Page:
Break up difficult concepts into bite size chunks with on screen titles and graphics to make sure that it is easy to follow. In Charisma on Command’s video How To Be Confident In Any Situation, Mad Men’s Don Draper is used as the ultimate example of male confidence. The video divides his behaviour into four different “levels”, from “His relaxed body language” to “The belief that he will always be OK”.
The video also includes on-screen comments throughout to highlight key elements of Don’s behaviour, like “Don has selective eye contact” and “He frames himself as an equal partner”. These tips provide a framework of behaviour for the viewer to emulate in order to mimic Don Draper’s confidence.
Focus one key tip
Of course, you want your entire video to be valuable to your viewers, but it always helps to include one killer take home tip. It’s unlikely that your viewer will remember every step of your How To guide, so it’s a good idea to build your video around one key lesson that will really stick with them. That means that every time they go about completing that task, they’ll remember that crucial piece of advice, and associate it back to you.
In Thomas Frank’s guide How to Make Your Phone Less of a Distraction, he keeps one key piece of advice to the end of the video: he suggests removing distracting apps from your iPhone’s search function, to help create some increased friction and make it that much harder for you to be sucked in to that app.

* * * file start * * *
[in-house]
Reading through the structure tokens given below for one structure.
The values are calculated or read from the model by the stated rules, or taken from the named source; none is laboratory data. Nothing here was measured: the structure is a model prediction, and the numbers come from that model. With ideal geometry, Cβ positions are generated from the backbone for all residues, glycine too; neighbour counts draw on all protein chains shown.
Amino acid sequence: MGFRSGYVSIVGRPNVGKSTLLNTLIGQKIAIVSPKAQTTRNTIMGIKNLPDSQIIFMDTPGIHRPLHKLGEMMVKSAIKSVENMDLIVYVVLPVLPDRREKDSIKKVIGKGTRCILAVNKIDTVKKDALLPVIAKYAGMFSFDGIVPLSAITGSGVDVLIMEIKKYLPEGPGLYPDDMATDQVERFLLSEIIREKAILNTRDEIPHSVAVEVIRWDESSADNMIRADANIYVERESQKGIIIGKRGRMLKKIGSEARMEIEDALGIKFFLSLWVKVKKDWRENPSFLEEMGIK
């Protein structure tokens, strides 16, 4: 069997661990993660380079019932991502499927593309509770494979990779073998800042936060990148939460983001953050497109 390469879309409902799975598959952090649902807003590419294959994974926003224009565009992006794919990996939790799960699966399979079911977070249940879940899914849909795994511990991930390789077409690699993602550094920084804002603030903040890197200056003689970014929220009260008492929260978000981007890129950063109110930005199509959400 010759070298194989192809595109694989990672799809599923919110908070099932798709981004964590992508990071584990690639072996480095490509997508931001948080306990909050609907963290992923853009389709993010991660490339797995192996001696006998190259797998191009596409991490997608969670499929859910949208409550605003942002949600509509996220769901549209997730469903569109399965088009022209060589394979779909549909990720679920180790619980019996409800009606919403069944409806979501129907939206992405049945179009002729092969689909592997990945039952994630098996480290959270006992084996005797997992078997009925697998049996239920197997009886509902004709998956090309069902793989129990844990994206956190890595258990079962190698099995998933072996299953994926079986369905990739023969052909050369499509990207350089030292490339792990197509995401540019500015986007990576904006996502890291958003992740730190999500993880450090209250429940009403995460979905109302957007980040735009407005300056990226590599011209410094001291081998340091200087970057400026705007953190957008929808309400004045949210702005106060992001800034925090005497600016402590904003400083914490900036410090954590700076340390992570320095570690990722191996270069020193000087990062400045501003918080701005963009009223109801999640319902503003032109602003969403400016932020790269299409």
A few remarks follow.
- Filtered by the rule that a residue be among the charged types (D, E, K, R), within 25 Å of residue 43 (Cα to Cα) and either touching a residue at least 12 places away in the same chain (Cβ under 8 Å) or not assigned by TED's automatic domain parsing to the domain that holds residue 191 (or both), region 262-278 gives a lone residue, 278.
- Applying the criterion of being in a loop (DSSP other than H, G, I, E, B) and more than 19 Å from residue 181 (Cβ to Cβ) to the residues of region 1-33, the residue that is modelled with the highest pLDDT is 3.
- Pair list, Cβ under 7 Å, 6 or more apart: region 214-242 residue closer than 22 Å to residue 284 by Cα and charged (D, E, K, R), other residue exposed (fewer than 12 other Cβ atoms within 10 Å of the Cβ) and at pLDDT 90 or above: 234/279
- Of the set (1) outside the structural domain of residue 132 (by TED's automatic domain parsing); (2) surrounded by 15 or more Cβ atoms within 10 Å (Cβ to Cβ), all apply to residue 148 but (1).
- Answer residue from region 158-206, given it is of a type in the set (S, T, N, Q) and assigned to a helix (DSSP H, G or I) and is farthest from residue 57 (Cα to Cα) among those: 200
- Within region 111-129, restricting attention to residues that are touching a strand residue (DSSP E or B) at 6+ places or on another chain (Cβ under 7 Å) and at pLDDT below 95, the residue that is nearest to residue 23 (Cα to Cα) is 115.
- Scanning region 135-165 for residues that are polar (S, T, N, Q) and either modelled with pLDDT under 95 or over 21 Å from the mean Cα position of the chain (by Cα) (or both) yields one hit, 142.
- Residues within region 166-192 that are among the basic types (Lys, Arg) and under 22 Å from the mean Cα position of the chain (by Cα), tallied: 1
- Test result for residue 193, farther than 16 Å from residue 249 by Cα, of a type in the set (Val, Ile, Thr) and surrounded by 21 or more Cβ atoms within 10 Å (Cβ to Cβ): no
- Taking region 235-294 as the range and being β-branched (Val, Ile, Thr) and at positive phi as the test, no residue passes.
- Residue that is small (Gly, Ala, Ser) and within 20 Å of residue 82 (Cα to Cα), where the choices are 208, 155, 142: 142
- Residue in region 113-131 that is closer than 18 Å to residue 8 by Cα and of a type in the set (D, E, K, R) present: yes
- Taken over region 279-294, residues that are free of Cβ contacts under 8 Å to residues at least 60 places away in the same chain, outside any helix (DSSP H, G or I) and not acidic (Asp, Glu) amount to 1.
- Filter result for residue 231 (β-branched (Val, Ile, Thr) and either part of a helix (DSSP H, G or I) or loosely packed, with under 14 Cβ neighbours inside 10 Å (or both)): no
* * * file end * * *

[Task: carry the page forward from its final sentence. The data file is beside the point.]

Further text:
Whilst the other tips in his video were fairly predictable and familiar, that piece of advice stuck out as an effective method that many viewers won’t have tried before but may well find valuable in trying to spend less time glued to their phones.
Think of the best product or service to recommend to your audience
While you are working on your How To, it’s a good idea to think about what kind of product or service would be the best match for that content. Many brands prefer to know exactly what kind of content they will be featured on when deciding what channel to sponsor. Therefore, it’s a good idea to give them the outline of the video itself, rather than just agreeing that they will appear on some undefined content on your channel. Think about how the topic of your How To could be particularly relevant to a certain company and pitch them the concept you have in mind for that video.
For example, the bestdressed YouTube channel created a HOW TO THRIFT LIKE A PRO video for the sponsor ThredUp, which markets itself as “the world's largest online thrift store”. This How To video marked the fourth time ThredUp sponsored a video on the bestdressed channel; each partnership included “thrift” in the video title to signal clear relevance of the video’s content to this brand.
It’s no surprise that ThredUp features heavily in Ashley’s thrifting tips in the video, and she includes a section titled “My guide to online thrifting” where she shares her search tips for using ThredUp most effectively to find great deals. Not only is this great exposure for the brand, it’s also a way to impart valuable advice that viewers can benefit from.
You can also show the brand you’d like to work with the success that you’ve had in the past with How To videos of this nature, and if they’ve previously attracted a lot of attention on your channel. On Matt D'Avella’s YouTube channel, the overall average is 788K views but the last 5 How To videos received an average of 1.2 million views, showing the power of the How To to attract more attention and get more eyeballs for both you and your sponsor.